A zine (pronounced zeen) is a mini book. You can download and print it ... the whole thing is on one side of one sheet of standard printer paper, folded into a book.
If you're not sure how to fold a zine, here's a link to a short video. I've included a dotted line to help you know where you need to cut the paper. And as you fold, be sure to fold edge to edge and create crisp, accurate folds. It will make a difference in the final steps.
I hope you'll make one and blaze your own trail of good things. Print, fold, and fill one. Then make another.
Alarm bells sounded high and low, all around the pond. From a distance we heard the persistent screech of the blue jay, then the urgent squawk of a duck, and as we neared the pond, the bong-bong call of the frogs.
What, we wondered, was going on?
Stopping at the edge of the pond, we scanned the water, the trees, and the sky, listening and looking.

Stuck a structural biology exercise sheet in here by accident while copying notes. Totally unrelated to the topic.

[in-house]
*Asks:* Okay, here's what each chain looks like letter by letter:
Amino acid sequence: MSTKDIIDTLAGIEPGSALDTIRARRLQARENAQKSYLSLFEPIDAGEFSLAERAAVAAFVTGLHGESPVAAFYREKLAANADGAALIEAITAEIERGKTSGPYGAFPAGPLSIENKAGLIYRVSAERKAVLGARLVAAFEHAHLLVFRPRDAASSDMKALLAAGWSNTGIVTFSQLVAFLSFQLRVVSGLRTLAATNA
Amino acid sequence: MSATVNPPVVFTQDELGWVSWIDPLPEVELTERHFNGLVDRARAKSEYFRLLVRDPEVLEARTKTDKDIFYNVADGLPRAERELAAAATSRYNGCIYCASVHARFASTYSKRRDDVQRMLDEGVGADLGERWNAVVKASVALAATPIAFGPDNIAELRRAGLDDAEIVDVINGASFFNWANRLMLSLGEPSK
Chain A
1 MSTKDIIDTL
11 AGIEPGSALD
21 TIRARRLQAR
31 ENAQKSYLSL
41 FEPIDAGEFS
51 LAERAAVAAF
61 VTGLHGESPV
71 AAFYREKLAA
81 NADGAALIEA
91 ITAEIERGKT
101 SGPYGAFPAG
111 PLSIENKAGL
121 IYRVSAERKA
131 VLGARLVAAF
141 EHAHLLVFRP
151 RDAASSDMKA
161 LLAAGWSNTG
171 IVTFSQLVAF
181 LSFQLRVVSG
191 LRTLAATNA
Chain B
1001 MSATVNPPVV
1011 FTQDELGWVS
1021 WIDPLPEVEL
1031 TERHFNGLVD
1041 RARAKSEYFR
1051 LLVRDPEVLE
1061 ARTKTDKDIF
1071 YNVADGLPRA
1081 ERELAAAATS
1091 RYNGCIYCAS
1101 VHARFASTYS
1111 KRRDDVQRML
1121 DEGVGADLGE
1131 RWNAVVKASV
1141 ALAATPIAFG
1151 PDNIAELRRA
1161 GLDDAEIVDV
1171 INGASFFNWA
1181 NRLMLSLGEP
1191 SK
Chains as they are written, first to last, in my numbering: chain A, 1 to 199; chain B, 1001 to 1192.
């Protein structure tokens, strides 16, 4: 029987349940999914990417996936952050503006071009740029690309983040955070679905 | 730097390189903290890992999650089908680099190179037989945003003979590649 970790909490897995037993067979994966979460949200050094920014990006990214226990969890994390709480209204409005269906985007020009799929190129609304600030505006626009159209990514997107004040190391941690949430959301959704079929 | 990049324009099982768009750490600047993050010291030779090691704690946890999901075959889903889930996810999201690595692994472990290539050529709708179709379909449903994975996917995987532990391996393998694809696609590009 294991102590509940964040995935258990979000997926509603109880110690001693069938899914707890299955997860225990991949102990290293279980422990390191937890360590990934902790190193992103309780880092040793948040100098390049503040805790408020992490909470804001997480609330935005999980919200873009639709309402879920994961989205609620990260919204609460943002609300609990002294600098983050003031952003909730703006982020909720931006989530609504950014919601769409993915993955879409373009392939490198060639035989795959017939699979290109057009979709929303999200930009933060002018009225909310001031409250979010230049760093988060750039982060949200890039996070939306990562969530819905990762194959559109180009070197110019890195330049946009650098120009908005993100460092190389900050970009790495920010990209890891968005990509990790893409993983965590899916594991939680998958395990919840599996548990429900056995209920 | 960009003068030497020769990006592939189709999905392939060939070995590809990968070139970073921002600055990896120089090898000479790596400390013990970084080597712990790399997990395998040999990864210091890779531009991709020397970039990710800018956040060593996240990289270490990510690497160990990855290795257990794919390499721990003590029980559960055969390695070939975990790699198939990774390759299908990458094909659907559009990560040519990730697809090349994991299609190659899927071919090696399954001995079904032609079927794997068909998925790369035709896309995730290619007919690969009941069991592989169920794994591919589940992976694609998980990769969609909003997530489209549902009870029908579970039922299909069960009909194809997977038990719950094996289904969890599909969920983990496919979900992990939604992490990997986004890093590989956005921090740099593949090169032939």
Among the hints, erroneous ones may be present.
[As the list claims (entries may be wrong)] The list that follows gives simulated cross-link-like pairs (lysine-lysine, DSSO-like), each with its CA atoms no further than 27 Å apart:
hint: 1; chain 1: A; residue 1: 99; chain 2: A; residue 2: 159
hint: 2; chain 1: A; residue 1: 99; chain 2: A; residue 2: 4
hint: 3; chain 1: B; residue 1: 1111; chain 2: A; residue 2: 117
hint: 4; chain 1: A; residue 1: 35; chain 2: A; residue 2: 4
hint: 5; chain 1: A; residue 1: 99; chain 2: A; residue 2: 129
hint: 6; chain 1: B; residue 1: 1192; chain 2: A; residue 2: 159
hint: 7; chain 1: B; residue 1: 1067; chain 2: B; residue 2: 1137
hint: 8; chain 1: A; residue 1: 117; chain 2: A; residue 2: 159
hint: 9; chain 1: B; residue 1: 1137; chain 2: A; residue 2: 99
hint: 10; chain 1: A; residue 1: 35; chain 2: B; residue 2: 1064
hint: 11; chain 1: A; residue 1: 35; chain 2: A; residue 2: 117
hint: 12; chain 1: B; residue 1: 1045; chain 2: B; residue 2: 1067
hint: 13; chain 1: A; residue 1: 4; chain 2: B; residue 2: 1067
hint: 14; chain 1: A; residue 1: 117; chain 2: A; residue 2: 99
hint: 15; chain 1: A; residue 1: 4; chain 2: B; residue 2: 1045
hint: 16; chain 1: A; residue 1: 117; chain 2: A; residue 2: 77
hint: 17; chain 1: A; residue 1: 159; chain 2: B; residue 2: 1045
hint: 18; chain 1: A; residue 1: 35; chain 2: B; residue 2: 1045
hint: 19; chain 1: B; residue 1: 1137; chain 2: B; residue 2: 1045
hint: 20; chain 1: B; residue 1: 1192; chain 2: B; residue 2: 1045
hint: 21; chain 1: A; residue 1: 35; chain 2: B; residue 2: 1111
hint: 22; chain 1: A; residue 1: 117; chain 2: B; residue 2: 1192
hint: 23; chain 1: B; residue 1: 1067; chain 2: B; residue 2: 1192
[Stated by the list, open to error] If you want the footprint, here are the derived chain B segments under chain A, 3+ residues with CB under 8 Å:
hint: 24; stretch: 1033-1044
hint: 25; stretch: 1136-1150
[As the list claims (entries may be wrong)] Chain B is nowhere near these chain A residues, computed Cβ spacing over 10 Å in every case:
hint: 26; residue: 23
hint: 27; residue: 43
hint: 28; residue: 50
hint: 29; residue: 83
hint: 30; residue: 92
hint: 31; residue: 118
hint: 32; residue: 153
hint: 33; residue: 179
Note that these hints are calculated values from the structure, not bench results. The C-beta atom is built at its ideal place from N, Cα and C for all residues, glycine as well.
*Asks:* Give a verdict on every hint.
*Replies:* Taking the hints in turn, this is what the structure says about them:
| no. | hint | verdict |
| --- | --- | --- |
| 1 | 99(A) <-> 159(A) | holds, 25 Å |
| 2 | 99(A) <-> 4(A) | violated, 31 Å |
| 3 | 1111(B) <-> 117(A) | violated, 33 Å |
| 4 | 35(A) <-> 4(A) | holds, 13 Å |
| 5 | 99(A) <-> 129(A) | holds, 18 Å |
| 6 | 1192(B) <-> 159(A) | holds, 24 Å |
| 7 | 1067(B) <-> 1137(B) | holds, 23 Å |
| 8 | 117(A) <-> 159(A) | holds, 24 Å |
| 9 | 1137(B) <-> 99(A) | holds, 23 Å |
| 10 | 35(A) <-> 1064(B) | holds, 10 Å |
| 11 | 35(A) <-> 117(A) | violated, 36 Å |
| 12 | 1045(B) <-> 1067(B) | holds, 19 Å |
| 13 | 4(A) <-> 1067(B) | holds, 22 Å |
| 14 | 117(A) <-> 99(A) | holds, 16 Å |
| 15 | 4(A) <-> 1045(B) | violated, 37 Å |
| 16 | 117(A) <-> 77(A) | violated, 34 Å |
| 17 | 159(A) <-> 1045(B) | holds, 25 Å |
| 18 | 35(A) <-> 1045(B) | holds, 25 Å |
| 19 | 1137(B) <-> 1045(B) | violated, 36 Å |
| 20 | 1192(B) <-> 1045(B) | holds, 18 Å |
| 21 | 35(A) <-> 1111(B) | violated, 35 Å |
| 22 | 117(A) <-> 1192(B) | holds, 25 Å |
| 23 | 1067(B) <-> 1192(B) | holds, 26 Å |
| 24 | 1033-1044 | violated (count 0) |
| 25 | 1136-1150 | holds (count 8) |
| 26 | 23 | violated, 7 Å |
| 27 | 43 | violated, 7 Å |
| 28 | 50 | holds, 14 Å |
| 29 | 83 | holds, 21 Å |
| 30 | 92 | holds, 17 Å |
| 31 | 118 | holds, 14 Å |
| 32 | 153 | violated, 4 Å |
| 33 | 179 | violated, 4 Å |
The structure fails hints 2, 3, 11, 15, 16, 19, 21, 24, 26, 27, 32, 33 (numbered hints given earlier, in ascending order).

And then we saw it. A big owl, a Barred Owl (yes, we had to look that up when we got home), perched in a tree on the edge of the pond.
I'm not sure if the frogs were sounding an alarm, mating, or doing what frogs do, but the duck and the blue jay were visibly agitated. The ducked paddled frantically from one area to the next squawking all the way. The blue jay, in full screech with fanned tail, was swooping down at the owl ... from the left, then right, again and again and again.
But that owl.
Talk about composure. It flicked an ear and spun its head at the bluejay's aggressive fly-by graze, but otherwise it remained still. Focused.
Fascinating stuff ... and the final entry for the day in yesterday's good things journal:
3. the owl in the woods
I started the good things journal last month. A list of three good things I see, experience, do, or feel during the day. Every day.